FOSS Sunday Update - August 2021

This is the first log of my open source contributions. Created for myself, somewhat inspired by the paper “The Errors of TeX” by Donald Knuth.

Own Projects

Not much to report here. For my own little TypeScript project picofp there is a dependabot alert that I’ve just not gotten to yet.

Started a new project that should become public as soon as I get a MVP going.


I’ve finally found the time to start contributing to firefox again. Hitting my own little hobby horse date parsing. The basic story of javascript date parsing is “Try to parse the date as an ISO-8601 date and if that fails to whatever you want.. I don’t care”. Which means a lot of bugs (date parsing is of course hard) and a lot of incompatibility bugs (chrome parses a lot of formats).

I started working on two bugs to ease myself into firefox development again and make sure I remember the old stuff and learn the new ways of working.

Bug: 1328672

A bug concerning the timezone offset in date parsing. Firefox allows four digits for the timezone offset. Either with a : character between the second and the third number of just straight four numbers. We also allow dates to separate the date and the time part with a instead of a T character.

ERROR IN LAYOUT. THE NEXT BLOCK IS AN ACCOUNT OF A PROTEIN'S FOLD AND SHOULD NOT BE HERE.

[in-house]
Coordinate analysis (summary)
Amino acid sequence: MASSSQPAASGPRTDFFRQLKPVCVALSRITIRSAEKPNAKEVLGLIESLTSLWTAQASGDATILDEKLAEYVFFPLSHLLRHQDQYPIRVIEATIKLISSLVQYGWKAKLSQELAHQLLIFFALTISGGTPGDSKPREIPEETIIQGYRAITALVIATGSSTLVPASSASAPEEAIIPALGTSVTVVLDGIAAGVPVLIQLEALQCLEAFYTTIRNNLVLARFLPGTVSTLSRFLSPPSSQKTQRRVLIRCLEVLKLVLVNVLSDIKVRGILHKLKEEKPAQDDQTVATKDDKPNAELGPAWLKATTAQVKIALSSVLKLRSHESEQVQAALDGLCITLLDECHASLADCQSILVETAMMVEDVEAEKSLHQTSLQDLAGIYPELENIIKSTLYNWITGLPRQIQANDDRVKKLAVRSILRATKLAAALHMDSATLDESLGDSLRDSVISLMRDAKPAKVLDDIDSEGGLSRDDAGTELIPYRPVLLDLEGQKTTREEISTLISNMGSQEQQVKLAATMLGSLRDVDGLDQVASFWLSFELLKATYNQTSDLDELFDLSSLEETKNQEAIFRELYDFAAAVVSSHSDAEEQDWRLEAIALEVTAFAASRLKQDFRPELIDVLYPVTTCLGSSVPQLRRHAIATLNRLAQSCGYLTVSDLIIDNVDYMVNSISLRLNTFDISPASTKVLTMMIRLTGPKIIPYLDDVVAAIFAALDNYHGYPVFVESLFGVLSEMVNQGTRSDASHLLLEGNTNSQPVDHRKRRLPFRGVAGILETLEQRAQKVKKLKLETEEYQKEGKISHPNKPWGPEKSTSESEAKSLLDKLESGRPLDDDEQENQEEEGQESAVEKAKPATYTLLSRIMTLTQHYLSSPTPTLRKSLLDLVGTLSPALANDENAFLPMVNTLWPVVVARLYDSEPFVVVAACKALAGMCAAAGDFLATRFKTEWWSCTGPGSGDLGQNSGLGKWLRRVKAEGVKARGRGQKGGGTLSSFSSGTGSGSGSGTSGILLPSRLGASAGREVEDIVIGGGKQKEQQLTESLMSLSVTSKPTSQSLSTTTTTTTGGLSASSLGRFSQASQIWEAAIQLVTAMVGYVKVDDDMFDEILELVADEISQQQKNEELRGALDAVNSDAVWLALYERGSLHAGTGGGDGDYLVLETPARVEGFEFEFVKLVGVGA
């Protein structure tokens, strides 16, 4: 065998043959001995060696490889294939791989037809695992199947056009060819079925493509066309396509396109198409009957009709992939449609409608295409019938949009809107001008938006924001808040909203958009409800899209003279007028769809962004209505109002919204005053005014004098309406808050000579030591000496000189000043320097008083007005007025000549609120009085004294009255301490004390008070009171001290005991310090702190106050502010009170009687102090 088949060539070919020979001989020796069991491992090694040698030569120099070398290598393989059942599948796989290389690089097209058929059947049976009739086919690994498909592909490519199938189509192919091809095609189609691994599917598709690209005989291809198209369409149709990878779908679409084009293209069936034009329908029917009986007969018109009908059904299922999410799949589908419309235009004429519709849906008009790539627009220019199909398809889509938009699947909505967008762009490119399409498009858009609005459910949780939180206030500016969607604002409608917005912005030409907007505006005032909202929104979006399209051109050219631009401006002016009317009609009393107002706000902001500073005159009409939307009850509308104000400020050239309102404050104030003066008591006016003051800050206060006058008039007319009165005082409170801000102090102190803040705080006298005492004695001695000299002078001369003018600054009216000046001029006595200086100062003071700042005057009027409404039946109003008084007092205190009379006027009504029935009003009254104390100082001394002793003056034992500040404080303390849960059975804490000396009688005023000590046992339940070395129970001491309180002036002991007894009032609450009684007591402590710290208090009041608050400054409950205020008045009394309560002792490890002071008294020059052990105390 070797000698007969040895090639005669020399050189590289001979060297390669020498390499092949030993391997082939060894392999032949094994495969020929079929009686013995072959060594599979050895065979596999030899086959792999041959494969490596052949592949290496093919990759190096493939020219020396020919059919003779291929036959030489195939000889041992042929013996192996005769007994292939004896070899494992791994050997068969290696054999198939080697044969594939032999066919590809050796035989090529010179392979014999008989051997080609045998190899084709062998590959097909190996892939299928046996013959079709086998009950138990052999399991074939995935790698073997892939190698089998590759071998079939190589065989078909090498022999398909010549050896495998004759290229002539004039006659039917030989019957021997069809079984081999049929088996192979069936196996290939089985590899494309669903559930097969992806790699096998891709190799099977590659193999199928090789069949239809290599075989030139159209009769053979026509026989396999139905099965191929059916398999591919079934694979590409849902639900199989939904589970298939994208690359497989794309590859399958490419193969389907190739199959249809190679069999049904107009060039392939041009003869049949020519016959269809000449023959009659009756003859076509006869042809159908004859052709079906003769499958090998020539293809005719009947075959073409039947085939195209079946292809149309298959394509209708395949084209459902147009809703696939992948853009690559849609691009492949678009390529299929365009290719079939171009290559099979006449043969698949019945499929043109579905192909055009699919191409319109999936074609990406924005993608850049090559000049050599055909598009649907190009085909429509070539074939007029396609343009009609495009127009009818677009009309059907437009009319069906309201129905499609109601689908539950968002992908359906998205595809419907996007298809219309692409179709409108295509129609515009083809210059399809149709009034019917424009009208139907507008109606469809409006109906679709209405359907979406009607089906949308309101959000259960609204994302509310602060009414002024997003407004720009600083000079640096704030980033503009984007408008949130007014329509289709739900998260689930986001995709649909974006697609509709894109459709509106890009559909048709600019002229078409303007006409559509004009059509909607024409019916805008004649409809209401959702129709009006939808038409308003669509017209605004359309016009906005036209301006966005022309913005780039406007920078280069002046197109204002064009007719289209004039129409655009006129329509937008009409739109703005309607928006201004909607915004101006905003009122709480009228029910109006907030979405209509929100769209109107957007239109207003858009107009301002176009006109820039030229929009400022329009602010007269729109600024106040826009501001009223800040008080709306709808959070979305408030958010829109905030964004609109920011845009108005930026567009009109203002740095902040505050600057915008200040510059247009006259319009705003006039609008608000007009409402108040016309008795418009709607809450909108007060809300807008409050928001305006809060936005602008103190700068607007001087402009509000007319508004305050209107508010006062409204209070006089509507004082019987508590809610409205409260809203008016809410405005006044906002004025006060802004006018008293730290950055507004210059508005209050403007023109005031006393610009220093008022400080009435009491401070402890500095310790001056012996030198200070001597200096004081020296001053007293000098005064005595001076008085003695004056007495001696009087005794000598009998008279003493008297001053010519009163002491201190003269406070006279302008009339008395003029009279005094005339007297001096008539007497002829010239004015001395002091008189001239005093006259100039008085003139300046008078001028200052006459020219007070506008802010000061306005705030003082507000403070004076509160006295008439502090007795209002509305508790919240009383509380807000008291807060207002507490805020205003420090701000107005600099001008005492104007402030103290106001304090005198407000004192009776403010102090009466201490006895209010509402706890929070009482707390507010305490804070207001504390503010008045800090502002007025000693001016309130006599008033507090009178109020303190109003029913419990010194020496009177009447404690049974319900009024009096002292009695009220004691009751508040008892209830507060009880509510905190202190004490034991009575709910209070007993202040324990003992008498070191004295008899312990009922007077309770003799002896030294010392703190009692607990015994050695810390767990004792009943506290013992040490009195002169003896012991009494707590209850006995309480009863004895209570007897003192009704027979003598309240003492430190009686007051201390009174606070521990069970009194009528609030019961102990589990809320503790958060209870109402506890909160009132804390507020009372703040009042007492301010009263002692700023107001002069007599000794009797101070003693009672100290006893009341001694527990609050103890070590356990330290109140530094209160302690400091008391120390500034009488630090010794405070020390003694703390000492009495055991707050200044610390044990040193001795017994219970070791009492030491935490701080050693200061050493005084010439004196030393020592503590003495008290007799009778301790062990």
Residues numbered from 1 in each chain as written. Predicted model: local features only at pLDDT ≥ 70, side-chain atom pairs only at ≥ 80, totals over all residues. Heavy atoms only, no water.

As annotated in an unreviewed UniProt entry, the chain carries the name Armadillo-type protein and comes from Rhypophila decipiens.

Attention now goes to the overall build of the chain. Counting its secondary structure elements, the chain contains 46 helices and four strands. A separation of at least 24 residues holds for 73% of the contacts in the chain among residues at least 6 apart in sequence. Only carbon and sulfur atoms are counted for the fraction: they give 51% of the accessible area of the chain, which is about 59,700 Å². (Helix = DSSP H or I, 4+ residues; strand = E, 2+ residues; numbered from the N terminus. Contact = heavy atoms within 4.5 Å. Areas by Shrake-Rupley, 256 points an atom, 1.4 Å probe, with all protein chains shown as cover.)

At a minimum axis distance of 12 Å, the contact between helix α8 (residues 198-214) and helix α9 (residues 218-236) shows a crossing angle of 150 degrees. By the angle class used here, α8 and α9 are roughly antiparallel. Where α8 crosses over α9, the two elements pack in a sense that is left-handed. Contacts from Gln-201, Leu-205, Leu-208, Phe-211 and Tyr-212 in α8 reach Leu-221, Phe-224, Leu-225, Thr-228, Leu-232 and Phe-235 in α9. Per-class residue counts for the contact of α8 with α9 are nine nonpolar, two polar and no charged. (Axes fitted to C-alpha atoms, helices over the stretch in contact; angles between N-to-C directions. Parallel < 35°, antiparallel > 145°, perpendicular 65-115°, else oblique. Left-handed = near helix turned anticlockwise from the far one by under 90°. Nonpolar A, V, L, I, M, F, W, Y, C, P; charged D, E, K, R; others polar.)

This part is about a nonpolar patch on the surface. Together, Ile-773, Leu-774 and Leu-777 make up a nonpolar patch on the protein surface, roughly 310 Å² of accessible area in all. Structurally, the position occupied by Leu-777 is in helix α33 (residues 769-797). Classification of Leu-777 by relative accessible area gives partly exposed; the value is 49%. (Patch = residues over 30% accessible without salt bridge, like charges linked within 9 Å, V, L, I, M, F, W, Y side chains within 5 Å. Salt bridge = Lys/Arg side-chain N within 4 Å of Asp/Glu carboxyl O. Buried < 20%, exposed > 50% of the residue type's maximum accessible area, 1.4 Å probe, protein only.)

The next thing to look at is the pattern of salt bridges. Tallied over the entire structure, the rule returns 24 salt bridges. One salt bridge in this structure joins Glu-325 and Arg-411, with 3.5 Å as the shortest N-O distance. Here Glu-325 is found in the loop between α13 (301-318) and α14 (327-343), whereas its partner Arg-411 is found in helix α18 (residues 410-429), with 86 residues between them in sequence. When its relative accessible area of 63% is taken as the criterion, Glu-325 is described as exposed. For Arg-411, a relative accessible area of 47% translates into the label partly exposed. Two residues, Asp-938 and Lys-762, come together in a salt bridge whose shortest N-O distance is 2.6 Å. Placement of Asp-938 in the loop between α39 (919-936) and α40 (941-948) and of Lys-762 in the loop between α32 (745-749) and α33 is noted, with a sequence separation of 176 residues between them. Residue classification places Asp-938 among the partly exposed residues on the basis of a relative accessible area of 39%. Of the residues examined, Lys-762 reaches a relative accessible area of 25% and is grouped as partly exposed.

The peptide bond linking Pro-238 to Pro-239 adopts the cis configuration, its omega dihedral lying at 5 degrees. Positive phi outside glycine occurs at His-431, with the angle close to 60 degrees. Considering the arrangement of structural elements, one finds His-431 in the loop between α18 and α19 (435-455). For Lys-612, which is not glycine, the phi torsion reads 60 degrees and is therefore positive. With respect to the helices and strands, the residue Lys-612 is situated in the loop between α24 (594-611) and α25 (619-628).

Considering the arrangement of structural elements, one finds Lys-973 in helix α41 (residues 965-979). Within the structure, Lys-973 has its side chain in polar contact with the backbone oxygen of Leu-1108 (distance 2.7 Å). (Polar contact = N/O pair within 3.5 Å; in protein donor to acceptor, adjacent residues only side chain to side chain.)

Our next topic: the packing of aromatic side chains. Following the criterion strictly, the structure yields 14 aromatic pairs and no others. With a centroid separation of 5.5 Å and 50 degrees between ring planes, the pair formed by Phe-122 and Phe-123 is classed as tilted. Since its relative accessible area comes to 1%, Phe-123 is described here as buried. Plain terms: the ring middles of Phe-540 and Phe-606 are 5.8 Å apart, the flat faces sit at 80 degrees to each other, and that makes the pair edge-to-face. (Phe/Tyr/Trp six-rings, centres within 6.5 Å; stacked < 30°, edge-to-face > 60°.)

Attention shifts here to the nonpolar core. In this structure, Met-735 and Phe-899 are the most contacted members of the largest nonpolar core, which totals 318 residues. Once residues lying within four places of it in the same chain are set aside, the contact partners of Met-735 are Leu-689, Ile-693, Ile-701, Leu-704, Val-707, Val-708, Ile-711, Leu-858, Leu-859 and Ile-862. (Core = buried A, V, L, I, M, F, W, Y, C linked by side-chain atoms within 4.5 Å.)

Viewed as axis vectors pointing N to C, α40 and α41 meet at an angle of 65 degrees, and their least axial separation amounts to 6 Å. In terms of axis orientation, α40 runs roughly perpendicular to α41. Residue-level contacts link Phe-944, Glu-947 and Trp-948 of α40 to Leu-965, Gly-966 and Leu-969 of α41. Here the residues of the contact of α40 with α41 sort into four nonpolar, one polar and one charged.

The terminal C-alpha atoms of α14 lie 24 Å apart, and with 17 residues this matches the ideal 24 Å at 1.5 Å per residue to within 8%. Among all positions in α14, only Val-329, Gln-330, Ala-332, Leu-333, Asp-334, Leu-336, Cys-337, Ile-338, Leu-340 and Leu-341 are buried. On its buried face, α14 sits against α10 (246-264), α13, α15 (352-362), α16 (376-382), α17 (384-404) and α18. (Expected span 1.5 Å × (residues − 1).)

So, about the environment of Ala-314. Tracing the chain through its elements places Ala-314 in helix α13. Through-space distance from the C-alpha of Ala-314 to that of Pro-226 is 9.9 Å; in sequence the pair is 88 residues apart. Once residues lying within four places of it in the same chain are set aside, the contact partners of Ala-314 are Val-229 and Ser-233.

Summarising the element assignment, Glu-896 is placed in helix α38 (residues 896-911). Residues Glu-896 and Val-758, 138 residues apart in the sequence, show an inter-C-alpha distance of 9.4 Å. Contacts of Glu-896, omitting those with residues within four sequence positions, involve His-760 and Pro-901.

That means we supported dates like:

2016-12-29 08:30:14-0700
2016-12-29 08:30:14-07:00

What we didn’t support were dates on the form 2016-12-29 08:30:14-07 where the timezone offset is just two digits. This is something both chrome and edge supports which makes it a good target for compatibility. Another wrinkle in the bug is that they only allow this for when the supplied date have exchanged the T character with a as mentioned above. The simple fix was to see if we had reached the end of the string when we had parsed two digits of the timezone offset.

Link to the diff in the date parser:

Bug: 802750

Another date parsing bug. This time we are not spec compliant. The spec says that we are allowed to represent years in an expanded format with six digits, this is in order to be able to represent the full range of years allowed in the spec (plus minus 273,790 years from the UNIX epoch). Expanded years are always prefixed with either + or - and the year 000000 is always positive and must therefore be written as +000000. We allowed the date -000000 which is not spec compliant.

This was also an easy change. Make sure that if we have seen an - and the year is 0 then we simply return NaN (signifying an invalid date).

At the time of writing this change has not been reviewed or merged.


I’ve wanted to get into working on some web specifications and did a small little change in the WHATWG Streams standard ( Barely worth mentioning given that it was mostly a “get to know how to contribute” to the specs and all that goes around it. There was an argument in the specification to a function that was not needed and not used anywhere.

Link to changeset: